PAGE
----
It transpired this week that residents of Kampala have been exposed to air quality levels at least three times higher than the World Health Organisation (WHO) limit, and in some cases, up to at least five times the allowable and healthy limit. Smoggy skylines have been observed in some towns in the country.
On February 7, Kampala Capital City Authority tweeted results from 23 air quality monitors across the city indicating that average articulate matter (PM 2.5) had been at 75 micrograms per cubic meter in the preceding 28 days, which is three times higher than the WHO limit.
Particulate matter (PM) is the sum of all solid and liquid particles suspended in air, many of which are hazardous to human health. PM2.5 are the fine inhalable particles composed of sulphate, nitrates, ammonia, sodium chloride, black carbon, mineral dust and water.
Particles with a diameter of less than 10 microns (PM10), including fine particles less than 2.5 microns (PM2.5) pose the greatest risks to health, as they are capable of penetrating peoples’ lungs and entering their bloodstream.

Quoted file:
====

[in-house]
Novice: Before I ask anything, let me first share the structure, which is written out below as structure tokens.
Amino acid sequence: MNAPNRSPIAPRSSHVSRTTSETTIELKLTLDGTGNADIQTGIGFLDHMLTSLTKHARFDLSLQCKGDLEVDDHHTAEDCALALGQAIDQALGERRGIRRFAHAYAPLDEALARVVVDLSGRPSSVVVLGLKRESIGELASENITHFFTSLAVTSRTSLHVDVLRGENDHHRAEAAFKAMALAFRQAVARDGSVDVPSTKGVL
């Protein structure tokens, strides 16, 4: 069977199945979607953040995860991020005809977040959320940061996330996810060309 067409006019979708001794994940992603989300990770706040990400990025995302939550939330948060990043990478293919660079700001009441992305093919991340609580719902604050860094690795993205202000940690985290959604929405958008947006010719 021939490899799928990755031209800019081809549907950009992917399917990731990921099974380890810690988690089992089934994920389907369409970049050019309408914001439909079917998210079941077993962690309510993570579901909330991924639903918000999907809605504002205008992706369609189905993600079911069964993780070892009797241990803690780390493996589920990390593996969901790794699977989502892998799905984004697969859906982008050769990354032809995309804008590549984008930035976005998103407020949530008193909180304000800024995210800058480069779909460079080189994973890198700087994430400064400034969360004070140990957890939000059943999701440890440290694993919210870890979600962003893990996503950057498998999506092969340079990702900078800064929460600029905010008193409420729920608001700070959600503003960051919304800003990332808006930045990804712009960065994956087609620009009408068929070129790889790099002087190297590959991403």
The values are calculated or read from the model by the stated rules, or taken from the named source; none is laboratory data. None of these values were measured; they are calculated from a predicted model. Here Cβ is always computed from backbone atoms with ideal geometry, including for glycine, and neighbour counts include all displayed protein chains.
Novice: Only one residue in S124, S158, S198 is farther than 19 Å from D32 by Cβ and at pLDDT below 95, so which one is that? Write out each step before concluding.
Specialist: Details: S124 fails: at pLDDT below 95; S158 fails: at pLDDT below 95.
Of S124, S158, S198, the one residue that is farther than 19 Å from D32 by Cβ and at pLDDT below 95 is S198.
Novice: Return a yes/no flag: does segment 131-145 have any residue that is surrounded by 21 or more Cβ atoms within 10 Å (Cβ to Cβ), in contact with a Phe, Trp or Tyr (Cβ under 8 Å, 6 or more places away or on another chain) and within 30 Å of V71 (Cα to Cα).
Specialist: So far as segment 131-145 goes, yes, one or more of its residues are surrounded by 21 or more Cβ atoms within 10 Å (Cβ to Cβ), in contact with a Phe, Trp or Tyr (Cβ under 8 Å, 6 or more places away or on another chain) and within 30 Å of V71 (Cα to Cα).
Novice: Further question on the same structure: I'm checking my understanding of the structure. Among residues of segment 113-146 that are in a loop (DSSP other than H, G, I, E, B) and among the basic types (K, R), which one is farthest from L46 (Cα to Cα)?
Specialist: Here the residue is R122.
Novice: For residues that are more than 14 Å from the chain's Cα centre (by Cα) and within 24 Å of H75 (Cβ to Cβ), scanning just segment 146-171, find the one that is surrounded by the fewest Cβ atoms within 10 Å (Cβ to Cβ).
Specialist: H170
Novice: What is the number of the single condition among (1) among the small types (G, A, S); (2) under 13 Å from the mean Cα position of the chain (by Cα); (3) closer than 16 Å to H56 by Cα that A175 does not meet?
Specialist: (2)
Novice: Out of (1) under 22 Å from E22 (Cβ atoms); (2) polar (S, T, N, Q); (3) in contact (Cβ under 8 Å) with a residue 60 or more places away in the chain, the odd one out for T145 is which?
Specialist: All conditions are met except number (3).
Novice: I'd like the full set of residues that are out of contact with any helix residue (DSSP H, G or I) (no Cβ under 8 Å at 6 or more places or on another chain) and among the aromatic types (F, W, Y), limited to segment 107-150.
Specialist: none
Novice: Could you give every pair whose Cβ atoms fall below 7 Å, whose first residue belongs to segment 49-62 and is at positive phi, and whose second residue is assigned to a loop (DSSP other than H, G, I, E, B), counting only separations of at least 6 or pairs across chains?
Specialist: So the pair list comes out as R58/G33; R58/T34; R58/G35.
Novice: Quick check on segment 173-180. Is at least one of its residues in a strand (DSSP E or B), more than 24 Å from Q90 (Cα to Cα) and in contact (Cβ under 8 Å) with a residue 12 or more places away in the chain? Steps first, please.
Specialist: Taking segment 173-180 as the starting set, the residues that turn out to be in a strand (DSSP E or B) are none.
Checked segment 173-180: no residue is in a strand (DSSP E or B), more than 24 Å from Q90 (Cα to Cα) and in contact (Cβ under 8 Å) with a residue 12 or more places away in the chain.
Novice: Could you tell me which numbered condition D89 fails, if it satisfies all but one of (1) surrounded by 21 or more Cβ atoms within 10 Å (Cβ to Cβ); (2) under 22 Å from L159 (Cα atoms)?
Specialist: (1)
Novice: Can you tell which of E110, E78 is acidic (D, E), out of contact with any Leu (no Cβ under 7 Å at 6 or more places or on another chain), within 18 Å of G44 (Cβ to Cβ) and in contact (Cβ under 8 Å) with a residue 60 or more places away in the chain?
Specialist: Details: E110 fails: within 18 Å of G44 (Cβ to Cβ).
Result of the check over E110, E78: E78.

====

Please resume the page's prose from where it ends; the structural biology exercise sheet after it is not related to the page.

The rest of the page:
Sources of PM include combustion engines (both diesel and petrol), solid-fuel (coal, lignite, heavy oil and biomass) combustion for energy production in households and industry, as well as other industrial activities (building, mining, manufacture of cement, ceramic and bricks, and smelting).
This is indeed an alarming state of affairs and a sad slide backwards since reports indicate that air quality had improved by at least 40 per cent during last year’s lockdown imposed to slow the spread of Covid-19 in the country.
Experts have named the biggest drivers of air pollution as emissions from industries, motorised transport and cooking using biomass or wood fuel. Silica from roads, which are not tarmacked, has also been mentioned as a contributing factor. This is in spite of Nema’s reassurance that industries are well-regulated and are, therefore, not a big part of the problem.
The problem of air pollution requires urgent solutions and through investigation as it has direct impact on our lives and if left to fester can cause epidemics of its own.
According to WHO, ambient air pollution accounts for an estimated 4.2 million deaths per year due to stroke, heart disease, lung cancer and chronic respiratory diseases and around 91 per cent of the world’s population lives in places where air quality levels exceed WHO limits.